Coyote-hunting an Ontario tourist attraction?
The Windsor-Essex region’s coyote population grew so big and so fast in 10 years that the local tourism agency began touting hunting the predator as an attraction two years ago.
“The Essex County region is one of the last homes for the ‘true coyote’ found in Ontario,” reads a promotional posting on the Tourism Windsor Essex Pelee Island website.
“The coyote population is extremely large and expanding in the area. Great predator-hunting opportunities exist throughout the county. Hunters have taken as many as 50 in an area no larger than three square miles in the Kingsville zone.”
Brent Patterson, a field research scientist who specializes in coyotes for Ontario’s Ministry of Natural Resources, said the coyote population steadily increased between 2000 and 2011, the year it peaked and the last year for which numbers are available.
That’s also the year the tourism board took the advice of a consultant and on its website’s outdoor section highlighted Essex County’s bountiful coyote population.
However, Kris Racine, the agency’s director of product development and marketing, said other than the annual pheasant hunt on Pelee Island, staff doesn’t “actively promote” the sport of hunting.
“Do we promote it? No. It’s only on our website,” Racine said. “You could argue we promote it, because it’s on our website, but we don’t actively promote it. We don’t go out and encourage shooting.
Population ‘out of control’
“We do understand there is an influx of coyotes everywhere,” Racine said.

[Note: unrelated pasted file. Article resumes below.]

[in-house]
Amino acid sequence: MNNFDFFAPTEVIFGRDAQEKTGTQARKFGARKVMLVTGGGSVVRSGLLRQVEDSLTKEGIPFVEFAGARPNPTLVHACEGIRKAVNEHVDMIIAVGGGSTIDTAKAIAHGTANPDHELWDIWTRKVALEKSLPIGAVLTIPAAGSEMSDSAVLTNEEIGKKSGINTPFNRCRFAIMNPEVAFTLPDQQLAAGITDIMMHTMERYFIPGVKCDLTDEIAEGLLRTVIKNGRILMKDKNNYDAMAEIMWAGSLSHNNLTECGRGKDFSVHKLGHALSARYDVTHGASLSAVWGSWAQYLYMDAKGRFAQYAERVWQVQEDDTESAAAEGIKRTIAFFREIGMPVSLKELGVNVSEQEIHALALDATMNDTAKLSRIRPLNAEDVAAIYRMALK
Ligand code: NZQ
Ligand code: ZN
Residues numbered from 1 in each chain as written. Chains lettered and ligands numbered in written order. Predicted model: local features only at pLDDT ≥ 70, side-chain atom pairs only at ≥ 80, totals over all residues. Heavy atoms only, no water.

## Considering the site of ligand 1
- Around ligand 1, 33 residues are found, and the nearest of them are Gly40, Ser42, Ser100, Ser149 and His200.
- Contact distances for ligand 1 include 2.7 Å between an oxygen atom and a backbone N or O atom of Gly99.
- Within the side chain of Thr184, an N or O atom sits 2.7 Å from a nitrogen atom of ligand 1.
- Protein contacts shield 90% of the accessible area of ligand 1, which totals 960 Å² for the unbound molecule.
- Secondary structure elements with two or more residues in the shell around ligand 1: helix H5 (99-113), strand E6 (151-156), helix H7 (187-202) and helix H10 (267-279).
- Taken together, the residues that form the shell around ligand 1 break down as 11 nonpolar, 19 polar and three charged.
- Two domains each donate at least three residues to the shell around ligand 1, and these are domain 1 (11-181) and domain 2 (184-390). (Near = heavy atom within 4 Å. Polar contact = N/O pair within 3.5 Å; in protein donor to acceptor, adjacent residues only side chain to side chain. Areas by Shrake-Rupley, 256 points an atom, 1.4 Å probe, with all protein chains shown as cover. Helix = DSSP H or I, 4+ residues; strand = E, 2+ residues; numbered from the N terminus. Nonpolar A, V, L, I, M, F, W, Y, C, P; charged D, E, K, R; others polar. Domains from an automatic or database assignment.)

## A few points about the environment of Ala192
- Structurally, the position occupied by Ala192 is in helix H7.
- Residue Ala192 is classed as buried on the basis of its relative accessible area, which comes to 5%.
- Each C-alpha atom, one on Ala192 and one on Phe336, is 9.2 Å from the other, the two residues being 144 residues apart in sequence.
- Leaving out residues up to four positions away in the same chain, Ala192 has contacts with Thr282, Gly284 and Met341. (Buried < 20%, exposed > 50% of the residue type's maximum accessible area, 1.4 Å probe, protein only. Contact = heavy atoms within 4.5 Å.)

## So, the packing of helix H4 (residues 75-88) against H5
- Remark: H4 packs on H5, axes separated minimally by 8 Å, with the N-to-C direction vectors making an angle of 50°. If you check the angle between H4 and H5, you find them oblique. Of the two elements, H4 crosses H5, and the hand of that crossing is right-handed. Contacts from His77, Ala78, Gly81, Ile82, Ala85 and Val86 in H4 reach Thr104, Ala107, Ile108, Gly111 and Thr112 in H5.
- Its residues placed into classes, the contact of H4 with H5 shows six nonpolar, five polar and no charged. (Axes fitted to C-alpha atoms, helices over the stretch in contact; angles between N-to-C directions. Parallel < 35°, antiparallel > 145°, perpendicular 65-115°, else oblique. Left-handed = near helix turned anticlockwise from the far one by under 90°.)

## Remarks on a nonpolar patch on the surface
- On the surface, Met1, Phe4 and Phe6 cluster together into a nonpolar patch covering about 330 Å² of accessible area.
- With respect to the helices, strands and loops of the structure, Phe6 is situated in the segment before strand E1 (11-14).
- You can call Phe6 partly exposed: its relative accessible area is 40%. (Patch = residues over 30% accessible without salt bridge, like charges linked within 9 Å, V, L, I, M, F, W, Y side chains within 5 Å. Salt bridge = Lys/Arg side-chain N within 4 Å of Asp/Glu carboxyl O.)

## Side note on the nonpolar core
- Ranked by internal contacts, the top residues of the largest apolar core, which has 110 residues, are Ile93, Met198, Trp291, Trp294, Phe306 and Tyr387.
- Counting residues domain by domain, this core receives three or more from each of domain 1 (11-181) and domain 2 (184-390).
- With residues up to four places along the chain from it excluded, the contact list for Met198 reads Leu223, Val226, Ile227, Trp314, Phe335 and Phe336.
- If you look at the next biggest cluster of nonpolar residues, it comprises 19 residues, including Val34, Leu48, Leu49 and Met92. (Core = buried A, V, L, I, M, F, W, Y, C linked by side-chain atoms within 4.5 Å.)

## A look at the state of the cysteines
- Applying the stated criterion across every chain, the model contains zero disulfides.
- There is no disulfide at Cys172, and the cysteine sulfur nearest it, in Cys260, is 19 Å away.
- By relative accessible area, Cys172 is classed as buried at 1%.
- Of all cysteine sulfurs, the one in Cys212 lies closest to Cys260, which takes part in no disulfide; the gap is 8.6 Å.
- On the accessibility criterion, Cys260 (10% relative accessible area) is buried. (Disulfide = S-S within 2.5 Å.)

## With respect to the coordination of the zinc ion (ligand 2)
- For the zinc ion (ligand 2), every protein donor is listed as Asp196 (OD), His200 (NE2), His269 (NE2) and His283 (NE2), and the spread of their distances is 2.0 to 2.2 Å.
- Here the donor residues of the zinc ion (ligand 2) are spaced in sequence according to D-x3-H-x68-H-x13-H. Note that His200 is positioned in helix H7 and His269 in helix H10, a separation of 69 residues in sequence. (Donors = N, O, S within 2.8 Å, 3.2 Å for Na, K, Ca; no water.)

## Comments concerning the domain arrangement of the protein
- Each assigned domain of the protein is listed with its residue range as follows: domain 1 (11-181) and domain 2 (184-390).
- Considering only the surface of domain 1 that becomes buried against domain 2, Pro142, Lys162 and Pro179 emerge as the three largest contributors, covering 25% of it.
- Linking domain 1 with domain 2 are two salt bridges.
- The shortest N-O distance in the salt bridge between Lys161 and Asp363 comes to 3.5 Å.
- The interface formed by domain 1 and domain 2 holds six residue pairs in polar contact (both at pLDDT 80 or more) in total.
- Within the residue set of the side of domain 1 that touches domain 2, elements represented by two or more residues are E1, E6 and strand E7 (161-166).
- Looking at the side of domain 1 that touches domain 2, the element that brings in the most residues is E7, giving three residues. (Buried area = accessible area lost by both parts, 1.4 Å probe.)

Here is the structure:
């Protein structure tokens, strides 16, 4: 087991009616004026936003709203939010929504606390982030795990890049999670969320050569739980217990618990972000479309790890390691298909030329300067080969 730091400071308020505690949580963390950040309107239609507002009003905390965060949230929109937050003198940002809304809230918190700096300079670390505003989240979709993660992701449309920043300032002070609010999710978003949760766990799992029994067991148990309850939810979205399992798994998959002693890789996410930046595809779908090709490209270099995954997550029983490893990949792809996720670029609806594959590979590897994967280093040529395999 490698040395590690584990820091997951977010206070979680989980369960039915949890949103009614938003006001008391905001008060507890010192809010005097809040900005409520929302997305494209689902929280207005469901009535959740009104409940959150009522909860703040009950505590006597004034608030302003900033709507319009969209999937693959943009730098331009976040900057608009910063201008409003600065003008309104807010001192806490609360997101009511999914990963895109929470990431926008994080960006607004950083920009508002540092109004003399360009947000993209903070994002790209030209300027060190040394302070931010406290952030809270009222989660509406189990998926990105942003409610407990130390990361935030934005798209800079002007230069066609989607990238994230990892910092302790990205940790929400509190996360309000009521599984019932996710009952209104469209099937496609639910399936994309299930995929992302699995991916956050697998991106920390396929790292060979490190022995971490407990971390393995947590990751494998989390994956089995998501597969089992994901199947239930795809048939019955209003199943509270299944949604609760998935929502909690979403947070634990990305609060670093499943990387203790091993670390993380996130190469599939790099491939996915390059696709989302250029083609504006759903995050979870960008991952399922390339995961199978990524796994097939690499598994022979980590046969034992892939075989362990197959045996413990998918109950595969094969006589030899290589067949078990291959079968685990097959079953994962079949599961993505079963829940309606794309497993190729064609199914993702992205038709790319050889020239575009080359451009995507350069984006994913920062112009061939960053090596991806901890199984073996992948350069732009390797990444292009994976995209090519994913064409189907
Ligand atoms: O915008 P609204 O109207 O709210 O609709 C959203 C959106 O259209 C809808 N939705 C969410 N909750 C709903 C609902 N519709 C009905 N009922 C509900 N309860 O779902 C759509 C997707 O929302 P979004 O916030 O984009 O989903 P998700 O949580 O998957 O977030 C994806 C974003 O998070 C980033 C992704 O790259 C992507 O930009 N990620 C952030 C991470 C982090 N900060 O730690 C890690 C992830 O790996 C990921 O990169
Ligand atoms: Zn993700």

The president of the Essex County Field Naturalists’ Club doesn’t agree with promoting coyote-hunting as an attraction, even latently.
“This is promoting hunting as a recreation because the population is too high. I have mixed feeling about that,” Phil Roberts said. “Recreational sports and hunting opportunities are considered recreational tourism, which is good for tourism and economy. This coyote thing is non-scientific.”
There are no hard numbers on how many coyotes are in the area, but the Ministry of Natural Resources agrees it’s increased since 2000.
There is no closed season on hunting coyotes in Ontario, and there is no bag limit. Pelts sell for approximately $35, Patterson said.
Long-time hunter Chris Durocher, who called the southern Ontario coyote population “out of control,” isn’t sure coyote-hunting would be a tourist draw.
“It’s not like deer-hunting. Everyone has coyotes. You don’t have to come here. If you can hunt in your area, you can hunt coyotes,” Durocher said. “I wouldn’t say you’d get Americans to come here. Some of the best coyote-hunting is in Texas and Colorado. It’s endless there.”
Racine said the online promotion has so far done little to increase outdoor tourism in the region.
However, several local hunters CBC News spoke with complained about the growing number of coyotes in southern Ontario. The predators frequently scare off deer or eat small game, such as cottontail rabbits. Both are hunted for sport in southern Ontario.